Last year, I went with a friend, and we talked our way through the main hall and the basement, catching each other up on our lives, chatting up vendors, and greeting local acquaintances in one seamless conversation. We ended up on the stage area in the hall where we visited the coffee cart and griddle sandwich people while greeting the market’s director, Steve Hoffman, who, as he says, gets to throw a party for the Upper Valley every week.
On our way out the door, we stopped to buy cups of delicious Norwich Creamery hot chocolate, and I added a wreath from the Spruce Lane Farm booth to my market haul. I came home with everything I needed for Thanksgiving week cooking, plus the day’s impulse buys: honey and a beeswax candle from a local apiary and wool dryer balls and a knitted hat to add to my admittedly large collection. As I carried my many treasures back to my car, I reflected on how great it was to know that every dollar I had spent had stayed local.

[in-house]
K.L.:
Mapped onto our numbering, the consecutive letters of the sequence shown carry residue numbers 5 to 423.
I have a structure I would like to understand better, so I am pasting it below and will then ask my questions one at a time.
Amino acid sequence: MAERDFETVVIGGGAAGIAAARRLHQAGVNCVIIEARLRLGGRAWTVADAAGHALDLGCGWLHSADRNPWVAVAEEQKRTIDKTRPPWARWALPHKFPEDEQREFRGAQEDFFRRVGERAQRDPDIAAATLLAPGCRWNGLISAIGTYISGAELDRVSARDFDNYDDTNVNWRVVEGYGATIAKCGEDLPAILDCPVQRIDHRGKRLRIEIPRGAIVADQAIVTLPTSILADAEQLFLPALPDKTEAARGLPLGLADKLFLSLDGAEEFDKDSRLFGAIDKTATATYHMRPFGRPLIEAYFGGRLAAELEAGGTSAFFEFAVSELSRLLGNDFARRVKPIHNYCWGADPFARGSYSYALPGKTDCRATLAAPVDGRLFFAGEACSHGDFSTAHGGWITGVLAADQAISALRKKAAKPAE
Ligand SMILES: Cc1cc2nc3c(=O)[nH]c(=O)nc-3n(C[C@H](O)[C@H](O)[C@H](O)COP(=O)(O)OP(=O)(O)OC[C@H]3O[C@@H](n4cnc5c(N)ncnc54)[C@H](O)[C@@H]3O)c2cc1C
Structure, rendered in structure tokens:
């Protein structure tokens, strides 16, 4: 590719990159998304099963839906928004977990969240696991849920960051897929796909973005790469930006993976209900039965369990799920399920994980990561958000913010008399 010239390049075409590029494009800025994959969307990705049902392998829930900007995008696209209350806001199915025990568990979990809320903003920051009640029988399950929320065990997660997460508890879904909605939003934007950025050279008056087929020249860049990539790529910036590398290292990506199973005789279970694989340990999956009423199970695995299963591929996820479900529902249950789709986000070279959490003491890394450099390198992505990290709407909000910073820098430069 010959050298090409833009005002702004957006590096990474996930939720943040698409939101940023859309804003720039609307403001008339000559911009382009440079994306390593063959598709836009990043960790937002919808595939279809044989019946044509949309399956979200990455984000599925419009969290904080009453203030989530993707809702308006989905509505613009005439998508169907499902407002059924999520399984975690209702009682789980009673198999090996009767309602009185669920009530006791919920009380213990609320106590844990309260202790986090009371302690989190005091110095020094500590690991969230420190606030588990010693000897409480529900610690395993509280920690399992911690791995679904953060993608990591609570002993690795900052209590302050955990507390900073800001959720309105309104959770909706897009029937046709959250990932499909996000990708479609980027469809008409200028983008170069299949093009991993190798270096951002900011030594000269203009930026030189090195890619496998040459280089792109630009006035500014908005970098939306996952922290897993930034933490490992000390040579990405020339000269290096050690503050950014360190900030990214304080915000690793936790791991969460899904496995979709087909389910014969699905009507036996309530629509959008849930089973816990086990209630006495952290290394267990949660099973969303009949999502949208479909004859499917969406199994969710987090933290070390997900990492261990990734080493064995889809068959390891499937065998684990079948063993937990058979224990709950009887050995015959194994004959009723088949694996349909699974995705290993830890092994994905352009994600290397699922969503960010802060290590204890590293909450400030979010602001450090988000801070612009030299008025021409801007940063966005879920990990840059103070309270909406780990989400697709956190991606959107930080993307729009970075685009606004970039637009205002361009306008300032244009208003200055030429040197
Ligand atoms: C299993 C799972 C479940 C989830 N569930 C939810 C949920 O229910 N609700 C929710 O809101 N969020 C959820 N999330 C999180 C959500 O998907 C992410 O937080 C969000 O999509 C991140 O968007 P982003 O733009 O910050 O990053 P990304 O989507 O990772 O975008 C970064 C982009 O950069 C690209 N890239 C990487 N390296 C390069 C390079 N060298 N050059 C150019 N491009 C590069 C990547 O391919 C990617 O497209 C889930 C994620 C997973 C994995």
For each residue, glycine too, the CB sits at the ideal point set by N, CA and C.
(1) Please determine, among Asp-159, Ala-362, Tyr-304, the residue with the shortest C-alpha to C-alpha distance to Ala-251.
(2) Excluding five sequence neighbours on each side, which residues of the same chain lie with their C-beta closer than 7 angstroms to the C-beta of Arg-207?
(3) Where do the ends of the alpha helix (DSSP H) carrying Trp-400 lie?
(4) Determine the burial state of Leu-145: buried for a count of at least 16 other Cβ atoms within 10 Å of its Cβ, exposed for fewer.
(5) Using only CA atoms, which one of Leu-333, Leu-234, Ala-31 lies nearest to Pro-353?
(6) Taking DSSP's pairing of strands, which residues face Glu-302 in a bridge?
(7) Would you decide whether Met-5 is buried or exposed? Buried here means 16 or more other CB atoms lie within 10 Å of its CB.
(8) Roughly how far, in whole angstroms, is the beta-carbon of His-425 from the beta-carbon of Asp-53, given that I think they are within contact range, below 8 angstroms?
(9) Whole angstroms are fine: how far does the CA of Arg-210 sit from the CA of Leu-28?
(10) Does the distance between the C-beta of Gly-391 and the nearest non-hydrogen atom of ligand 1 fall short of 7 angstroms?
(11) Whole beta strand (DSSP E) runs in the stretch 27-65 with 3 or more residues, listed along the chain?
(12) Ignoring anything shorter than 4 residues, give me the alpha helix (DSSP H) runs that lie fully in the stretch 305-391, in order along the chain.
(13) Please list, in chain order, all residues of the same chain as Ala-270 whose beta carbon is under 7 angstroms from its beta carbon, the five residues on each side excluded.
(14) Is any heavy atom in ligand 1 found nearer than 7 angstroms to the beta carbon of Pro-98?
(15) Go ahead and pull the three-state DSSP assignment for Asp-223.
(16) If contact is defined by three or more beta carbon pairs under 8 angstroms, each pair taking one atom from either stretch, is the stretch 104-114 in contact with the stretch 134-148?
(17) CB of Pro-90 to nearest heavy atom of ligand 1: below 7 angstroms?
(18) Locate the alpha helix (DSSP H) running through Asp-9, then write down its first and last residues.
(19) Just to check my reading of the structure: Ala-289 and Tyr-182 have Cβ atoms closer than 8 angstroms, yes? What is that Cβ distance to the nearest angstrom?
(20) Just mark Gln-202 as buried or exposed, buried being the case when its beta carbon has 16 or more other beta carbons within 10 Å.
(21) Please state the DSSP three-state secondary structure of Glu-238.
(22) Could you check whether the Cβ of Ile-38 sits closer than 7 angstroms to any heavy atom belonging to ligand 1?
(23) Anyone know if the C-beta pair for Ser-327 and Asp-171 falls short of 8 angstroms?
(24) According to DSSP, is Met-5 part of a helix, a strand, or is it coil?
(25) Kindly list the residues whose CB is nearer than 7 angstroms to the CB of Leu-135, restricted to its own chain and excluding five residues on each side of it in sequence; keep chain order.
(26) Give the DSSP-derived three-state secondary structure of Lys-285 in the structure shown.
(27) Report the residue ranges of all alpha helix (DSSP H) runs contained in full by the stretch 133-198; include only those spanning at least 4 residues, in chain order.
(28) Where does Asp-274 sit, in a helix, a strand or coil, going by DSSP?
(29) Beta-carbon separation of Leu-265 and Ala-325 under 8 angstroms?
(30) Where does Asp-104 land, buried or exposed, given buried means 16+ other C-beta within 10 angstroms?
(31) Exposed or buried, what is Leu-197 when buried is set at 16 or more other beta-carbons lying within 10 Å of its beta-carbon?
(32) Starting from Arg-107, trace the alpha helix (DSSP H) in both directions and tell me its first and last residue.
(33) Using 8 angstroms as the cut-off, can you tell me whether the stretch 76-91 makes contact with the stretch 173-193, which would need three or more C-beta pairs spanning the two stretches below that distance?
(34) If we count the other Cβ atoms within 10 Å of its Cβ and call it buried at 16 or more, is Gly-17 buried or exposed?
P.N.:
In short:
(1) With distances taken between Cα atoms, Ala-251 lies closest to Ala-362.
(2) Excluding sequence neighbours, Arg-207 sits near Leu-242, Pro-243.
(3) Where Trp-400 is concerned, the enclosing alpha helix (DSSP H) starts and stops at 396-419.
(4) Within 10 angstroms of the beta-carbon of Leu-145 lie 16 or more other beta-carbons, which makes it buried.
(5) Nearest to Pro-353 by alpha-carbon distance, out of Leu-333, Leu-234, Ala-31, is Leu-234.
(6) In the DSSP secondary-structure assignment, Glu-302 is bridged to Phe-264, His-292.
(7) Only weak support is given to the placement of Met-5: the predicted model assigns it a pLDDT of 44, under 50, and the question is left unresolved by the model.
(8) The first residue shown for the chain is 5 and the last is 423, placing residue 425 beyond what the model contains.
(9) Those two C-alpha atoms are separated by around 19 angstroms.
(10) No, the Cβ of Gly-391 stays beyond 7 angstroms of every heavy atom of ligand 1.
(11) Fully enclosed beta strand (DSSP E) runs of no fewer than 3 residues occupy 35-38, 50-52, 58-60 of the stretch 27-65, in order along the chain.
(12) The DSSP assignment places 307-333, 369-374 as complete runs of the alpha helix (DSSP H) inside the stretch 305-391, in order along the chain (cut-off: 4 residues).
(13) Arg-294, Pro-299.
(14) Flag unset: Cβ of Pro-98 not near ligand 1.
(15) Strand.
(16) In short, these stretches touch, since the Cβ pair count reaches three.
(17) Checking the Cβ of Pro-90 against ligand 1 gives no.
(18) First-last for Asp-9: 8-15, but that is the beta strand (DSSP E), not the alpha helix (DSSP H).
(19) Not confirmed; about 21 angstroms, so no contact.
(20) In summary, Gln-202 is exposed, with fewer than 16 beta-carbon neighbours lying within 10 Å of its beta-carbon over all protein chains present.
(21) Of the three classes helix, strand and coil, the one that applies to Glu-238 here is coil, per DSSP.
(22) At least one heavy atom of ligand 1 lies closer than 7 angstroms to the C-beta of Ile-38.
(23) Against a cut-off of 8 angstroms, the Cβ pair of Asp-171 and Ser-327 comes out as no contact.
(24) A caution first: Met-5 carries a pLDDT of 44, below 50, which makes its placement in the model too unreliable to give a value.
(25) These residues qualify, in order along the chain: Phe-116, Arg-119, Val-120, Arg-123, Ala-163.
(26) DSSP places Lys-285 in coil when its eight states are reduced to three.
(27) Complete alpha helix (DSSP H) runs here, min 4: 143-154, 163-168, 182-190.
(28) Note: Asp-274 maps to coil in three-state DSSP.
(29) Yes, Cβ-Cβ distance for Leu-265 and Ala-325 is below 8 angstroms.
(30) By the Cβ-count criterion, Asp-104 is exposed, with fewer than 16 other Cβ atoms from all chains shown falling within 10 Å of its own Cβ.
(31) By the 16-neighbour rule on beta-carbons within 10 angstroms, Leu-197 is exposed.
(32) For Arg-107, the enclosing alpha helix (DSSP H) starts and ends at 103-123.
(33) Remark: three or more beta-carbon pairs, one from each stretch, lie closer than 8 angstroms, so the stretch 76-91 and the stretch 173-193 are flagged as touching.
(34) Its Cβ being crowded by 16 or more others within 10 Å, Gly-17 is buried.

When I delve deeper into the cornucopia of Thanksgiving memories, traveling through time to my Wyoming childhood, I see holidays spent around my grandparents’ dining room table. Heavy and intricately carved, able to seat twelve adults comfortably, and set with creamy linens and shining glassware, including a pair of tiny, rose-shaped salt and pepper shakers for every place setting, the table was the magnificent center of a decades-old tradition. On Thanksgiving morning, my grandfather—Boppa—would call to see if we were watching the Macy’s Day Parade. In the afternoon we’d go down to his and my Bomma’s house to gather with assorted aunts, uncles, friends, and cousins over an enormous turkey with all of the traditional accompaniments, including, but not limited to, homemade rolls, canned cranberry sauce, turkey gravy that could not—must not—have any lumps, and that green bean casserole made with cream of mushroom soup and canned crispy onions. And pie. Of course there was pie.